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Following some press coverage of the Government’s introduction of T Levels over the next few years, we would like to reassure current and future applicants that our vocational courses will run as normal in September 2020. We are proud of our course offer and the outcomes our learners achieve, allowing them to fulfil their educational and career aspirations.

Nearly a quarter of a million learners nationwide were awarded vocational qualifications in 2019.


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Lance Wainwright, BTECH Level 3 Extended Diploma in Travel & Tourism 


What are Vocational Qualifications?

Vocational Qualifications are specialist work-related qualifications. They combine practical learning with subject and theory content. Many awarding bodies run these qualifications from BTEC (Business and Technology Education Council), City and Guilds, NVQs to CACHE. For example, there are over 2,000 BTEC qualifications across 16 sectors – they are available from entry level through to professional qualifications at level 7 (equivalent to postgraduate study).

In FE colleges, schools and universities across the world, hundreds of thousands of students take these qualifications. They do so because these diplomas get you directly into a career, or alternatively into university and then into a career. For those already at college or university, a BTEC Higher National Diploma is the stepping stone to a full degree or again, directly into that career.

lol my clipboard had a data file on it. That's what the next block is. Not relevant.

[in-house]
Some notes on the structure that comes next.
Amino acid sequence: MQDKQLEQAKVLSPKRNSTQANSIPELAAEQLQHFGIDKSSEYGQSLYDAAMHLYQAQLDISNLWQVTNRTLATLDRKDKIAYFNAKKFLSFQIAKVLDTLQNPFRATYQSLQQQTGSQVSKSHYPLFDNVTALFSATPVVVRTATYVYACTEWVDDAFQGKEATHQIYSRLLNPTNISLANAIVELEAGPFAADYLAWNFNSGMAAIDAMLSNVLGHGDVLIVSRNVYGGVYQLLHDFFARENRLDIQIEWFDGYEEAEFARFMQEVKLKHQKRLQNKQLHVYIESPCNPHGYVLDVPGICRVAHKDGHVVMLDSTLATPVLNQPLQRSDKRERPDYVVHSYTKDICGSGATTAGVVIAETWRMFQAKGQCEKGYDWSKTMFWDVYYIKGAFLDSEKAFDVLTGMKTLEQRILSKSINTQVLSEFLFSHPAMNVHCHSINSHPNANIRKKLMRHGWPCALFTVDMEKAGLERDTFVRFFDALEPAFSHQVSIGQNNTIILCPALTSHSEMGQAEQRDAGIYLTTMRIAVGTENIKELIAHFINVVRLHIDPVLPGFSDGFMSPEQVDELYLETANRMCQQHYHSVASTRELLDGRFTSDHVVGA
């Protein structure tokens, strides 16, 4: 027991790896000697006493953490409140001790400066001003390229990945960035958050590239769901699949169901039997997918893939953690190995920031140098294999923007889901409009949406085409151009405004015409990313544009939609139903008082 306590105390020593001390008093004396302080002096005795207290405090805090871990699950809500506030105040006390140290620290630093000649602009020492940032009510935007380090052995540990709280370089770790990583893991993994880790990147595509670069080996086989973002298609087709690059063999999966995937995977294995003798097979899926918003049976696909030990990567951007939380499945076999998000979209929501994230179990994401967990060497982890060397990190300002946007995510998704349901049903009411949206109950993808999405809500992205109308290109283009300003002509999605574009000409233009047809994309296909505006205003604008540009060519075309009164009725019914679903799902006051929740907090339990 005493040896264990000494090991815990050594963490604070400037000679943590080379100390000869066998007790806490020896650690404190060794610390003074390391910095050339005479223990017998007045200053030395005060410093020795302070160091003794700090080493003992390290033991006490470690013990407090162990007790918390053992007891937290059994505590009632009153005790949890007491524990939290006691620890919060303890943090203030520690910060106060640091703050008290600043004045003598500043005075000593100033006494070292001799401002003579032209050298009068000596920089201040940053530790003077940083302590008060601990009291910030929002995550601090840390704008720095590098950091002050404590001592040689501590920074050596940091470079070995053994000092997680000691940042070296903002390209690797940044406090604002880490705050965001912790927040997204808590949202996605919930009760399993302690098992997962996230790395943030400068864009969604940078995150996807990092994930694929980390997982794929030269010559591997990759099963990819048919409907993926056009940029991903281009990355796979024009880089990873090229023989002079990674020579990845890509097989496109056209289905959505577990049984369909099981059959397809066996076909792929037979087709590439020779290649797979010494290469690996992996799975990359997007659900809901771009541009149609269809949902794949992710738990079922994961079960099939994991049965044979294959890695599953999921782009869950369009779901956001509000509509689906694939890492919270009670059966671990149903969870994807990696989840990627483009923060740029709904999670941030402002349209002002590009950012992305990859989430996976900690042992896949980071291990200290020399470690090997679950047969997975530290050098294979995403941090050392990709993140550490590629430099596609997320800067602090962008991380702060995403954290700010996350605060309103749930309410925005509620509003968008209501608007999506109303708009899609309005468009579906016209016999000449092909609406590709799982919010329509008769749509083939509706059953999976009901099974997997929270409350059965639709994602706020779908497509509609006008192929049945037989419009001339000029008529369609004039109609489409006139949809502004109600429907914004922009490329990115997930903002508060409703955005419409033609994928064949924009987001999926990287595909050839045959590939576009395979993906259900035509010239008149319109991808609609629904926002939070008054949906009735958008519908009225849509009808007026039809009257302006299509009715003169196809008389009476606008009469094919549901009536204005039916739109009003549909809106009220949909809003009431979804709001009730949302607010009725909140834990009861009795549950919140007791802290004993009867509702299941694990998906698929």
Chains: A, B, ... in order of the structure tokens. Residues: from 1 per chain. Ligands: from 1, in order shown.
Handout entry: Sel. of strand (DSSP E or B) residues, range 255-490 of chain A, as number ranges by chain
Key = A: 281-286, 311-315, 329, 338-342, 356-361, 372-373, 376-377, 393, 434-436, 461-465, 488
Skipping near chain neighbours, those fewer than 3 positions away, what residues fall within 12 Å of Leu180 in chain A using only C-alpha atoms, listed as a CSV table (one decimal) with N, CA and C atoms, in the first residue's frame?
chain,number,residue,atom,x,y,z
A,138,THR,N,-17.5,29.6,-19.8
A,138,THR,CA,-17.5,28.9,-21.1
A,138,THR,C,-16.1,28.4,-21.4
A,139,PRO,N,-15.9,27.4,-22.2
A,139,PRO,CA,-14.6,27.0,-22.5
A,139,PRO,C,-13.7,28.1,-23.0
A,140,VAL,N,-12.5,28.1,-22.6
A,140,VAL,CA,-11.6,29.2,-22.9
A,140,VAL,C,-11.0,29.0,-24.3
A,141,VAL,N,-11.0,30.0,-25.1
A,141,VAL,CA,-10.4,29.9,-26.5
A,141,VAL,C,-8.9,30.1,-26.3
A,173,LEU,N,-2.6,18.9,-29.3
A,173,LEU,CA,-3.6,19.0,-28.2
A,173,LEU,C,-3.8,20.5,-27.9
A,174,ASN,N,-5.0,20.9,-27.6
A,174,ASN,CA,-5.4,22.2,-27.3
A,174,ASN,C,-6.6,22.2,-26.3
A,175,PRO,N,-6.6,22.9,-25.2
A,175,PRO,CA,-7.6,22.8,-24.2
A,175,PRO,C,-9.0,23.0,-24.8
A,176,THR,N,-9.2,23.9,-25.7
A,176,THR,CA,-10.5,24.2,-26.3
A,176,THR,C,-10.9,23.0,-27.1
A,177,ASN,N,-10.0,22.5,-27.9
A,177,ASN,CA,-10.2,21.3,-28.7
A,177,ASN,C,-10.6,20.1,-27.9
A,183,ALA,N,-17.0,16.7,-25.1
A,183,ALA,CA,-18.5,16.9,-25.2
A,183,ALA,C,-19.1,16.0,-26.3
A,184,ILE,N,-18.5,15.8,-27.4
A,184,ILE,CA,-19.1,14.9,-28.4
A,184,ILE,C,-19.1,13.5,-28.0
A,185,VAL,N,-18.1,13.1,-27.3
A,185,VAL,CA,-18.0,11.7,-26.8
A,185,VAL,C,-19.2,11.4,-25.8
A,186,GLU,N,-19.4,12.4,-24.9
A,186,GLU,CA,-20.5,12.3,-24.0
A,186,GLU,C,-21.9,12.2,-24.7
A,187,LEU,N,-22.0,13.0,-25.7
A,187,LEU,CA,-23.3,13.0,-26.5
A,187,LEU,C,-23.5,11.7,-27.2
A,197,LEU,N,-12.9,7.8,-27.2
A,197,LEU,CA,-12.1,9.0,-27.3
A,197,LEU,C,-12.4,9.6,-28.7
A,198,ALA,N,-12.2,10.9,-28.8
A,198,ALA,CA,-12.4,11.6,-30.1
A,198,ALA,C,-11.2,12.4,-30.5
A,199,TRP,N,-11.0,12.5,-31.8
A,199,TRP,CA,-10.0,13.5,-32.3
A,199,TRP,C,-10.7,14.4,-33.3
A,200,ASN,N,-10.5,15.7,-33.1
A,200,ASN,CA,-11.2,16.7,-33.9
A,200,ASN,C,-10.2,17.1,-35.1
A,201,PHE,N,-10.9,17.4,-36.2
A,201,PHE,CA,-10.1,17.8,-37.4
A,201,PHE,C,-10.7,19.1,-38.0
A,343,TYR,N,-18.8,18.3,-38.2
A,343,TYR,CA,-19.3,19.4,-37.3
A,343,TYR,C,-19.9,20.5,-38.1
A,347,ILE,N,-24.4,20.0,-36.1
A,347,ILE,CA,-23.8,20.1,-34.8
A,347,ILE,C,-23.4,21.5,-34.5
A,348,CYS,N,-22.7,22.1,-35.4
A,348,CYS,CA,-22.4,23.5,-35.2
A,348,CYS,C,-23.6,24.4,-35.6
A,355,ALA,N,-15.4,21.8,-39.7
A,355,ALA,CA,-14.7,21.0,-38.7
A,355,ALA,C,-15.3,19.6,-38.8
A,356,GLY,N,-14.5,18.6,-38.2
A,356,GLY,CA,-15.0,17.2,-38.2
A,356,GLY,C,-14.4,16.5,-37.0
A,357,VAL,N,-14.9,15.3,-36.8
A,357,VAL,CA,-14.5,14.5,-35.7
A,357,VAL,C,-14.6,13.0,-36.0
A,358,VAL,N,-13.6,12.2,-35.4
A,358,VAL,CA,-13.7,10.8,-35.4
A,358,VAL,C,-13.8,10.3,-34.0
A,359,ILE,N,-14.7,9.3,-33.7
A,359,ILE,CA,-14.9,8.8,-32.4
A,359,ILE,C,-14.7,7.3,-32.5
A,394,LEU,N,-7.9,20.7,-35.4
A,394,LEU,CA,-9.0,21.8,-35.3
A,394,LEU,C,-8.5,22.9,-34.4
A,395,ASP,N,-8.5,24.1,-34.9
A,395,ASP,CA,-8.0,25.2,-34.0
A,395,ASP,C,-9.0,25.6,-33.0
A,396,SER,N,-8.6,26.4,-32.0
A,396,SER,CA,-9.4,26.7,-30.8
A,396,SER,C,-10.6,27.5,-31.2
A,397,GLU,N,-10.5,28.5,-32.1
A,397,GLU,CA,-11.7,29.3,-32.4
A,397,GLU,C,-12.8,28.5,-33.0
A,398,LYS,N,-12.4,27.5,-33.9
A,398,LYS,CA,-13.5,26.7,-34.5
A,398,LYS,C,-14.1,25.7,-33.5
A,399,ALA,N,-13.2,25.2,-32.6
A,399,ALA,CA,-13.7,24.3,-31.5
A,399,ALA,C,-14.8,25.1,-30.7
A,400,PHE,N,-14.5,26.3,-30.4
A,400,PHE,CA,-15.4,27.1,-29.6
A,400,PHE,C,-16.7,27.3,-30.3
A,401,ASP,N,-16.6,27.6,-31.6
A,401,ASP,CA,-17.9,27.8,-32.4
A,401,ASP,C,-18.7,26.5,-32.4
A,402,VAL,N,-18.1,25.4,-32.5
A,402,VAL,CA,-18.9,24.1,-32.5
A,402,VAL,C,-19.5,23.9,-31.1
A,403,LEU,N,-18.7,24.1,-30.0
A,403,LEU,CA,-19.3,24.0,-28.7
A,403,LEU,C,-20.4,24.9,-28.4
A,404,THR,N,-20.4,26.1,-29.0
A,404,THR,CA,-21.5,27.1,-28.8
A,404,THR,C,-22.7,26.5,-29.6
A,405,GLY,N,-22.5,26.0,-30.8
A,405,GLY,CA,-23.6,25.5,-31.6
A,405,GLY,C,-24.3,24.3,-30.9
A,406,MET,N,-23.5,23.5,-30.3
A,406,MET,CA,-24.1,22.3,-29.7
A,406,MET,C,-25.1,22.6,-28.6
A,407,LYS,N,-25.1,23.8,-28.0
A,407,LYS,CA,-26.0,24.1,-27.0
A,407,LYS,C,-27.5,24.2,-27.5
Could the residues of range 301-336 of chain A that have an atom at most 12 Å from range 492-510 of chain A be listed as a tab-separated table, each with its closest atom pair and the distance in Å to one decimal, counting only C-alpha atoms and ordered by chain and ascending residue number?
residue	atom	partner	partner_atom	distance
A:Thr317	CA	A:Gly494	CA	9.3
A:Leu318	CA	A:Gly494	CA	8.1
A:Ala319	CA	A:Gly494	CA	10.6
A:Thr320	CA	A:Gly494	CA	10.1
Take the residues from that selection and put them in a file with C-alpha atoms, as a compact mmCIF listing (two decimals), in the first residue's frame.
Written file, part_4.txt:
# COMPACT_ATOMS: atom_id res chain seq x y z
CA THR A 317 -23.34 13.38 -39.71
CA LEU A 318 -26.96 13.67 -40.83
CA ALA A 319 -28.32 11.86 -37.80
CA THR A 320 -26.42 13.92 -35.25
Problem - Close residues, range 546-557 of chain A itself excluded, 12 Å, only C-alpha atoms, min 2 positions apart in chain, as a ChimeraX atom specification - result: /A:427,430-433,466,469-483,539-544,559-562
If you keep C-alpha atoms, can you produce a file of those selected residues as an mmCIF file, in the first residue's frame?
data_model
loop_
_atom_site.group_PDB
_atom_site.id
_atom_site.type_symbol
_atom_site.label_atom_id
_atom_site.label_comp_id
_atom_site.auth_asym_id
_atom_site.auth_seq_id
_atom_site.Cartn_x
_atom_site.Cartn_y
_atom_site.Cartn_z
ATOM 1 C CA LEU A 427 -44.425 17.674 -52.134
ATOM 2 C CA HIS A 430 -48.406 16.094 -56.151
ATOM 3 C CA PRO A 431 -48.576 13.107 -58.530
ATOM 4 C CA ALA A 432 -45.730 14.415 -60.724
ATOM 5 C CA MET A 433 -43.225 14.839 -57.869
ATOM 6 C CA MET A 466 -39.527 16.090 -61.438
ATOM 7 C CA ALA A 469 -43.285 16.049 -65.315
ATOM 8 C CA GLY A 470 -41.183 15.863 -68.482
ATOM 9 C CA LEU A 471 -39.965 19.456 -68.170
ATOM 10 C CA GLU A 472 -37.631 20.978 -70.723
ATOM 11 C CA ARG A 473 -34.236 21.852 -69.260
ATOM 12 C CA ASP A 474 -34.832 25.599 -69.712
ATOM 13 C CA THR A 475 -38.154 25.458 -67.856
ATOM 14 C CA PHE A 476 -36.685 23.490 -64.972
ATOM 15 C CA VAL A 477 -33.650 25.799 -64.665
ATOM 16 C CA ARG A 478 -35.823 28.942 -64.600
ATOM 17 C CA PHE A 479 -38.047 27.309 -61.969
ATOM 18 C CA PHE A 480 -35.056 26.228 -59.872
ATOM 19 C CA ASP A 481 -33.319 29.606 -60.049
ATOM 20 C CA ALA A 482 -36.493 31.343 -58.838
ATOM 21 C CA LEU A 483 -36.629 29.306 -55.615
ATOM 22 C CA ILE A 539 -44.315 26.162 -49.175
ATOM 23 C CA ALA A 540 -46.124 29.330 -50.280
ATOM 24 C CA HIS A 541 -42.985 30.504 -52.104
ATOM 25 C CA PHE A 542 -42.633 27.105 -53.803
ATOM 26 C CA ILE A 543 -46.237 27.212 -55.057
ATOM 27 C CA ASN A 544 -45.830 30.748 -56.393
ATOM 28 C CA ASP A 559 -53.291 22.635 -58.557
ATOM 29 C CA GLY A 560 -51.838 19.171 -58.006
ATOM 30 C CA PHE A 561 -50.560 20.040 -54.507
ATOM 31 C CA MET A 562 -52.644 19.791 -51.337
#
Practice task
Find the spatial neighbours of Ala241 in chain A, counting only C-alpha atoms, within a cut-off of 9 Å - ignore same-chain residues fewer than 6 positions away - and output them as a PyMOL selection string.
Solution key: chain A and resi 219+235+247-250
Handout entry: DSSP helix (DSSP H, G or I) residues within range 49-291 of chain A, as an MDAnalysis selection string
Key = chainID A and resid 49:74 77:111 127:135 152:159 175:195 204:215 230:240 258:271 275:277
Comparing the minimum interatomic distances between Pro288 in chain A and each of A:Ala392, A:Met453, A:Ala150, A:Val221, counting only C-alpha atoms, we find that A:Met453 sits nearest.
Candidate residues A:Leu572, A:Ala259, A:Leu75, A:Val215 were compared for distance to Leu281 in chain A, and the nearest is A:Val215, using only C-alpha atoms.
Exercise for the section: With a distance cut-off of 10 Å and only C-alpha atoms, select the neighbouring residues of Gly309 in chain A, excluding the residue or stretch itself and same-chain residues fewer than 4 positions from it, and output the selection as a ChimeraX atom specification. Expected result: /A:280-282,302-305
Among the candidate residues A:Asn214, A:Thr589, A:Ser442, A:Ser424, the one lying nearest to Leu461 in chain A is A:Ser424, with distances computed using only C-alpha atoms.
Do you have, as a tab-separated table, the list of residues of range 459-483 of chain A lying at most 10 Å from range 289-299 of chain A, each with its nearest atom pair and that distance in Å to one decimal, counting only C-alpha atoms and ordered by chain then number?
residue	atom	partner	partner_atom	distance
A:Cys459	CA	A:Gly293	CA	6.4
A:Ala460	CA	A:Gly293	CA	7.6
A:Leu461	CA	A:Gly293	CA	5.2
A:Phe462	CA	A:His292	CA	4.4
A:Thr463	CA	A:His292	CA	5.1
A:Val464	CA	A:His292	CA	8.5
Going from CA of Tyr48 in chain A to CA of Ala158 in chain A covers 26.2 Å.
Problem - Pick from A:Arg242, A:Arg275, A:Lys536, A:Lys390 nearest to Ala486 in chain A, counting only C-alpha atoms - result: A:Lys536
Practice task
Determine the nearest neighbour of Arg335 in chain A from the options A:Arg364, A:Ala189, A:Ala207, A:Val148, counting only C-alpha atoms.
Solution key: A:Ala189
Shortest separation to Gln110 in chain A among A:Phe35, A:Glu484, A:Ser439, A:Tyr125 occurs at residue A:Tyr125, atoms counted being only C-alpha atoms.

University progression

More and more students are applying to universities with vocational qualifications, which is a clear sign that institutions have recognised the value of a vocational qualification. According to an article by the Higher Education Liaison Officers Association, 95% of universities in the UK accept students with vocational qualifications, including universities from the Russell Group.



Vocational qualifications prepare students for employment; courses can develop a student’s employability skills as they offer the experience of real life practical tasks and work placements. They are well-regarded by employers as the courses enable students to develop useful hands-on skills such as time management, communication, problem solving and planning.


Career progression

Employers value vocational qualifications as courses are usually industry-directed, in other words they give students industry-specific knowledge and skills which makes them readily employable. Courses are developed by professional bodies and higher education experts, which guarantees that a qualified person will demonstrate the right standard of knowledge and practical skills for the role.